Burma

Urban Planners Urge Change of Direction on Rangoon ‘New City’

By Tin Htet Paing 12 May 2016

RANGOON — Urban planners in Rangoon are arguing for the commercial capital’s expansion to be focused on meeting the needs of the people, rather than enriching real estate developers, according to interviews with The Irrawaddy.

According to Toe Aung, director of urban planning at the Yangon City Development Committee (YCDC), the municipal body is encouraging development of Rangoon’s northeast sector.

The northeastern area covers more than 17,000 acres, has a low population and would not require a new bridge to transport construction materials and equipment, said Toe Aung. This would make its development less complicated than in the southwest area, which is separated from the rest of the city by the Hlaing River.

“There also would be fewer complications due to land confiscations [in the northeast] because the majority of the land there is owned by the government,” Toe Aung told The Irrawaddy.

Outside of the city’s core, Greater Rangoon was split into seven zones—Northeast, Southwest, Thanlyin Township, Dala Township, Htantabin Township, Hmawbi Township and Hlegu Township—in a plan for the city put forward by the Japan International Cooperation Agency. In 2013, the Japanese organization released a city plan and predicted Rangoon’s population would balloon to 10 million by 2040, and recommended to the Rangoon Division legislature that the northeast zone be developed first.

A Rangoon-based urban planning expert, Than Moe, told The Irrawaddy that the government should prioritize areas that are close to job and education opportunities, and their top concern should be the welfare of residents, not the profits of real estate developers.

“The government should not let developers plan projects for the city expansion,” he said. “The government has to take the lead when it comes to urban planning and policy-making. Then it could open bids to developers, who would help them realize [the government’s] goals.”

Developing the southwest sector, a top priority for the previous government, was not a suitable choice for the initial city expansion, said Than Moe.

“We have to think about water and electricity supply issues before deciding to develop a new part of the city,” he said.

For the past two years, development of the southwest has been shrouded in controversy extending beyond the concerns over infrastructure.

In 2014, Myanmar Say Ta Nar Myothit won the exclusive contract to develop the area. The company was run by two Chinese businessmen, known as Xiao Feng and Xiao Sen, who had close ties to then-Rangoon Chief Minister Myint Swe. The shadowy tender generated public outcry due to its lack of transparency, and the city decided to suspend the project in June 2014.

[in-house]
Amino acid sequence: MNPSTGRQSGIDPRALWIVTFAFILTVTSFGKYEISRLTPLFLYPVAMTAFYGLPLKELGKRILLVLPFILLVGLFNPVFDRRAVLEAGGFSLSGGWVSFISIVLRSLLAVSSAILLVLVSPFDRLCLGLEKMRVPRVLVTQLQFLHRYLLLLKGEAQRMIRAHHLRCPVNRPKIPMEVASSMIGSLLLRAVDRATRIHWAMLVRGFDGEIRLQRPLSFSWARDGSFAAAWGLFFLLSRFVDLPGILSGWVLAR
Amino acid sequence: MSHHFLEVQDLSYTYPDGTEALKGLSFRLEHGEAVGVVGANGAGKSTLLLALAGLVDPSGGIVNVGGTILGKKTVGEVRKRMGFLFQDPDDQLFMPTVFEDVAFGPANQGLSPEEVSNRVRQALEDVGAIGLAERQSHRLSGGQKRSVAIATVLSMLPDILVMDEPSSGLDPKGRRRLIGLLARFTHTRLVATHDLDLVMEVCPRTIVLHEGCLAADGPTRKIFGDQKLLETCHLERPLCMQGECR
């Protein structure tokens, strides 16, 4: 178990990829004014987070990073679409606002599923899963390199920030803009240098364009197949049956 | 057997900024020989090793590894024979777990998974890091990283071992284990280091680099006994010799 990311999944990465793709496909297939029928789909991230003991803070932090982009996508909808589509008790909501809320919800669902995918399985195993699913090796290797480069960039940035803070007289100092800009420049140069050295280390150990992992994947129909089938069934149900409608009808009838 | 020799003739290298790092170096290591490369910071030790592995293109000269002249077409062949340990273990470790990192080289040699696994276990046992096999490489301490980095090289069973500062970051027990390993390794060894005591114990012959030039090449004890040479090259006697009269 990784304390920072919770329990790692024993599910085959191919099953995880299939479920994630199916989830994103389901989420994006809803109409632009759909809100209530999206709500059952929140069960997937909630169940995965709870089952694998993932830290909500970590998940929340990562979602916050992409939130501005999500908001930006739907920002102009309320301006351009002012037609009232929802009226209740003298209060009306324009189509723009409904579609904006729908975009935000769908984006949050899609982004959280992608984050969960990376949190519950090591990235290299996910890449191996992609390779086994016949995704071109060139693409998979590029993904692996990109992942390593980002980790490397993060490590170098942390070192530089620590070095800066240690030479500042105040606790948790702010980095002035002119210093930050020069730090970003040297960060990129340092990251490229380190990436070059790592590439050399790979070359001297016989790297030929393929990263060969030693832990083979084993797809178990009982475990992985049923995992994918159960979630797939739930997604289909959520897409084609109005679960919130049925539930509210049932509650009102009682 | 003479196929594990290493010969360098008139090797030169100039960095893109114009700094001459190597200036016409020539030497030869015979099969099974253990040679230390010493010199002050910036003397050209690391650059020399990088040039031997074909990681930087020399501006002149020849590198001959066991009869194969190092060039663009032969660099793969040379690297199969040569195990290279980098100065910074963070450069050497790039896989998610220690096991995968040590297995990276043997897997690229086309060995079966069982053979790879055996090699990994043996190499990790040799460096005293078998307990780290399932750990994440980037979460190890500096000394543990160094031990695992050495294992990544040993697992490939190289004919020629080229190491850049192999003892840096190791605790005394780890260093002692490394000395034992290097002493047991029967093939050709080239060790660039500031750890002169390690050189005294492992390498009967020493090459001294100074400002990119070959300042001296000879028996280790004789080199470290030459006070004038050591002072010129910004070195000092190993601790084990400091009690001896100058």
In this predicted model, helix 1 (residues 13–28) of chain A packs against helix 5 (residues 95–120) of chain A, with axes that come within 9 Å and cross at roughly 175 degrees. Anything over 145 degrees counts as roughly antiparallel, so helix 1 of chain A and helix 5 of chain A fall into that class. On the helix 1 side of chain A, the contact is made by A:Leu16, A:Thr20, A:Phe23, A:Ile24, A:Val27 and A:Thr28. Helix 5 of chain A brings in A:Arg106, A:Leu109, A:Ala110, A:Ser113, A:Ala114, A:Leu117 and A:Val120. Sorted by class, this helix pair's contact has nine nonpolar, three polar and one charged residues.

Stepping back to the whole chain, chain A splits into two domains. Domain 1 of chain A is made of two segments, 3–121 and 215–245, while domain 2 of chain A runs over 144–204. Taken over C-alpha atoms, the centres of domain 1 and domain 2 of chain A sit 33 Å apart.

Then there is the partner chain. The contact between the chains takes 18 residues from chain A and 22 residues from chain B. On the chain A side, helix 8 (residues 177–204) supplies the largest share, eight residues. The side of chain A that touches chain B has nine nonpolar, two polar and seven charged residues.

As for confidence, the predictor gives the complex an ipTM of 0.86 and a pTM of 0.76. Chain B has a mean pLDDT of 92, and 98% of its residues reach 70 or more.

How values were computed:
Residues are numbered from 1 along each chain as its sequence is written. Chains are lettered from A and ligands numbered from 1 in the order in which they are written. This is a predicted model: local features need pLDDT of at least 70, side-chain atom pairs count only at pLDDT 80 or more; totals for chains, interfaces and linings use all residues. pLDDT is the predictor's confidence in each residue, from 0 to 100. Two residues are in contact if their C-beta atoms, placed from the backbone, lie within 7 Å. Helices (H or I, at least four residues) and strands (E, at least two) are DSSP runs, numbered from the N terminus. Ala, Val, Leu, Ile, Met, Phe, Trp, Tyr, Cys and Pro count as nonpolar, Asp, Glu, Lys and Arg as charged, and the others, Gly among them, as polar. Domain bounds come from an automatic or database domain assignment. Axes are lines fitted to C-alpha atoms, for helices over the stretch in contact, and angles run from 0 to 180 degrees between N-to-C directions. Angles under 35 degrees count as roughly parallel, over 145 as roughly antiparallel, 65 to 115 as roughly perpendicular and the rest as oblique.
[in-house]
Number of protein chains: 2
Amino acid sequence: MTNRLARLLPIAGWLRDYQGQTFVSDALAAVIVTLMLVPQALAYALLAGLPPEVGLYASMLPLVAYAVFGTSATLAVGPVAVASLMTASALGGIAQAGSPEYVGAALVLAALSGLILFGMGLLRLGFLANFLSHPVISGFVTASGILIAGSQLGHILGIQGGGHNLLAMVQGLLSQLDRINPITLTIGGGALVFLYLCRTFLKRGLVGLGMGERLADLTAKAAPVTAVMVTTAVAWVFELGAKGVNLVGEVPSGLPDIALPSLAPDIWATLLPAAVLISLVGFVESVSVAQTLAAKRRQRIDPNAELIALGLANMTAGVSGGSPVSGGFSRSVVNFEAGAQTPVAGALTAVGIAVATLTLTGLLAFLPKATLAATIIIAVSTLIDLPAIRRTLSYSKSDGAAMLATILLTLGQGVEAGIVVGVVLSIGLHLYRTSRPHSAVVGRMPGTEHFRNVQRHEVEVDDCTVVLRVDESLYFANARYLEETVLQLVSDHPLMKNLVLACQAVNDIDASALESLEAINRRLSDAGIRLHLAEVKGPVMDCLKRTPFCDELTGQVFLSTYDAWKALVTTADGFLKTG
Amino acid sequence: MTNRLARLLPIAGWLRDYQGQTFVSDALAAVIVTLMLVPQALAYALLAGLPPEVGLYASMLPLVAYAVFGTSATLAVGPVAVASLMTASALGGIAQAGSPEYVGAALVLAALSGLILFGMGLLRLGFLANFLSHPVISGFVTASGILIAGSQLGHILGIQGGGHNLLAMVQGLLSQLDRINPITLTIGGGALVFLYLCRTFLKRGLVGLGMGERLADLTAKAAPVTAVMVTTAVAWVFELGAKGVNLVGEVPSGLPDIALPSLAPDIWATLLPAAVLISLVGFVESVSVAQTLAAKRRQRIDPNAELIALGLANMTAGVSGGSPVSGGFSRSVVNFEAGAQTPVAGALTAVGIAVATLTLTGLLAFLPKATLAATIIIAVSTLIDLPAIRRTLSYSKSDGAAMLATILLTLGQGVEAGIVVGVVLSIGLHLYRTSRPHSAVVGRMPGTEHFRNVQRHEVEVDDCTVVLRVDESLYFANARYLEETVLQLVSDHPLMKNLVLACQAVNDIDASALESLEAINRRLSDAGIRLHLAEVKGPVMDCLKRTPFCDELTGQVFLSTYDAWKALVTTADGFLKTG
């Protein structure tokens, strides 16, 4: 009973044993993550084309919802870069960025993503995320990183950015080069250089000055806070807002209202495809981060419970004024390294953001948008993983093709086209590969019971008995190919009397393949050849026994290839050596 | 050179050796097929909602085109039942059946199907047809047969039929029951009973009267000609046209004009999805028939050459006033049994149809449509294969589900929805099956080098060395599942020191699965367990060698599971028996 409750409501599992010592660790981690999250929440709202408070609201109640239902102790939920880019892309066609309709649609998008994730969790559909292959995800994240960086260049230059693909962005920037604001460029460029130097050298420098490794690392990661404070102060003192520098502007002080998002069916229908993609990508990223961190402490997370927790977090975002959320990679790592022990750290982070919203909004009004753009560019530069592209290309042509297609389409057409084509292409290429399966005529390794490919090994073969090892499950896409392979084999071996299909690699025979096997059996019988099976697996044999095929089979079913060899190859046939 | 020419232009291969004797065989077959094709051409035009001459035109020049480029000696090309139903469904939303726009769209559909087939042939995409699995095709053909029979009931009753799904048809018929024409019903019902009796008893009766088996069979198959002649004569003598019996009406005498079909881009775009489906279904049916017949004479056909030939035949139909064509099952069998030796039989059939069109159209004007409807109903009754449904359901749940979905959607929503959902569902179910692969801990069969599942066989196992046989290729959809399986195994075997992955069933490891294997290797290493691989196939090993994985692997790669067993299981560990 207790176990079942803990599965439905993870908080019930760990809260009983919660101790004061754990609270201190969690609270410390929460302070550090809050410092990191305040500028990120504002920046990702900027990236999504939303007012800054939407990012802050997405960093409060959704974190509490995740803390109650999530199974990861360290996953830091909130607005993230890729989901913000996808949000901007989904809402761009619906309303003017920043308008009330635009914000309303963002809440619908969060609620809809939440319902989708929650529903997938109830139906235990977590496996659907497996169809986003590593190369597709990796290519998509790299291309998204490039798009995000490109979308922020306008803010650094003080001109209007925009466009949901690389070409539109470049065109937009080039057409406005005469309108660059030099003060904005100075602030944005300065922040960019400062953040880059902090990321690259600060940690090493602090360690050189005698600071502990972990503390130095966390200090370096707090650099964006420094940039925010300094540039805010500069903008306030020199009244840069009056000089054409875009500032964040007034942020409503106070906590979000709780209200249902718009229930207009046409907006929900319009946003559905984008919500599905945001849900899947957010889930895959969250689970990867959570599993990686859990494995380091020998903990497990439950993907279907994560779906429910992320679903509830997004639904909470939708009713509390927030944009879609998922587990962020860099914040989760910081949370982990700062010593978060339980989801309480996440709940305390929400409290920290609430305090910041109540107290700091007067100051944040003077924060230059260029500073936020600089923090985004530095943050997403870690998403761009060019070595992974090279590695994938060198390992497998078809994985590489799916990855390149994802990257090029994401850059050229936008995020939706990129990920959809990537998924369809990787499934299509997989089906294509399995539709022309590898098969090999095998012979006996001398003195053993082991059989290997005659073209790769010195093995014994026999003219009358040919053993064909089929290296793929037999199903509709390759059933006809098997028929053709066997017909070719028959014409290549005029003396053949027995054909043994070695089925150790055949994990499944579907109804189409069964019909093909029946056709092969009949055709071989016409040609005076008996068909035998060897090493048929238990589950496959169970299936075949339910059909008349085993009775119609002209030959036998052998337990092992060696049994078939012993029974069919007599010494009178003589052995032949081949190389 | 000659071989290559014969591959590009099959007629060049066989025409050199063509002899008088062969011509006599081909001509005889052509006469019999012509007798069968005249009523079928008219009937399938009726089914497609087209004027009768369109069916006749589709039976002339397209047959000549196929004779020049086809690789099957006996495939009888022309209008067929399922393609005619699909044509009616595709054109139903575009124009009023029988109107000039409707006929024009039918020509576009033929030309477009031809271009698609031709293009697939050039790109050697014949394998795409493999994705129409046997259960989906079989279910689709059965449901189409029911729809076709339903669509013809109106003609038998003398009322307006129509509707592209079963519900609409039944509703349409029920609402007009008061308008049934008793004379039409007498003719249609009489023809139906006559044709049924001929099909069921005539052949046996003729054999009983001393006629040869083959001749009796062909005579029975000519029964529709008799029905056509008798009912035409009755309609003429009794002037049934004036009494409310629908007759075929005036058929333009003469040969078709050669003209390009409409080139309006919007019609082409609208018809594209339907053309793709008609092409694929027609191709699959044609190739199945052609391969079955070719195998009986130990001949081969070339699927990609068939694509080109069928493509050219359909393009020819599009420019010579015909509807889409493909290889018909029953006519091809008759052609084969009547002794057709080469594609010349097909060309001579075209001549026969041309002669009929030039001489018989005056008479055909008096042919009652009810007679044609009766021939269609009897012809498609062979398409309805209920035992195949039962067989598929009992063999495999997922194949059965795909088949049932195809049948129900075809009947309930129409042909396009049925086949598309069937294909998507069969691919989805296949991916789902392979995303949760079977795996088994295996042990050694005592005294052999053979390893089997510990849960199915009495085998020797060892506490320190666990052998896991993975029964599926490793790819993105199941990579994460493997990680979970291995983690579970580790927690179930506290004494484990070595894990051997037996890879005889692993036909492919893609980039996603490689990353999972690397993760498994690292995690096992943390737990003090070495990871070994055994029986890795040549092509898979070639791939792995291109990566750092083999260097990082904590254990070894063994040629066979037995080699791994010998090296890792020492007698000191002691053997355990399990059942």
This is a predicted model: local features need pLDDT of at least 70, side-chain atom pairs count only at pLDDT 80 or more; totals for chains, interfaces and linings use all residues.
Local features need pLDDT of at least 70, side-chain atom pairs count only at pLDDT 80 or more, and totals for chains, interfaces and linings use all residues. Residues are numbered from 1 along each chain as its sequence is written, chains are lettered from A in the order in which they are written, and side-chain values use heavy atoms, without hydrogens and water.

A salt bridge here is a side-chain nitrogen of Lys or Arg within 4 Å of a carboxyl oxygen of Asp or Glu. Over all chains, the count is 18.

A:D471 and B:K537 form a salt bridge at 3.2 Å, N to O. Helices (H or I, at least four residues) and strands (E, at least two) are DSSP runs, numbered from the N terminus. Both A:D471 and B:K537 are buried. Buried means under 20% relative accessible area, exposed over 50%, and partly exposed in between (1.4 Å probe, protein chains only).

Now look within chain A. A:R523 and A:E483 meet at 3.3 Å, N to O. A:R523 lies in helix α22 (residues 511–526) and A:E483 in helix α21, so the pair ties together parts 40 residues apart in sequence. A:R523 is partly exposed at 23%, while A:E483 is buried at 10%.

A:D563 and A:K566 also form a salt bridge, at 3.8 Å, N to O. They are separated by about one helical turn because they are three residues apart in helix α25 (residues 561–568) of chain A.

In January this year, a new tender was offered, and three companies won with a US$8 billion bid: Yangon South West Development Company, Shwe Popa Internationational Construction Company, a subsidiary of conglomerate Shwe Thanlyin, and Business Capital City Development, a company run by prominent developer Maung Weik. Yangon South West Development Company is run by the two Chinese businessmen who had won the first tender.

No progress has been made on the development since the project was awarded in January.

YCDC’s Toe Aung said the project should be put on hold until bridges and other infrastructure can be built.

“Without proper transportation infrastructure, it would be more costly for developers and everything would become more expensive than it should be for the future residents of the area,” he said.

“The request for tenders was premature,” he said. “At the time, [YCDC] had only completed a conceptual plan and hadn’t done any detailed surveys of the area. Rushing a project like this would only be of benefit to developers, not the people.”

Kyaw Latt, an urban planning expert and an advisor to YCDC, wrote in the April 21 issue of the state-run daily, The Mirror, that the government should enact a proper urban planning law that would govern the behavior of developers and regulate the compensation of property used for building.

“Developers investing in projects for their own benefit at the exclusion of important buildings like public schools, hospitals and markets are a big obstacle to healthy urban development,” he wrote.

In an interview with The Irrawaddy last month, Rangoon’s new chief minister, Phyo Min Thein, pledged to review all controversial city projects and prioritize the public good over corporate interests.

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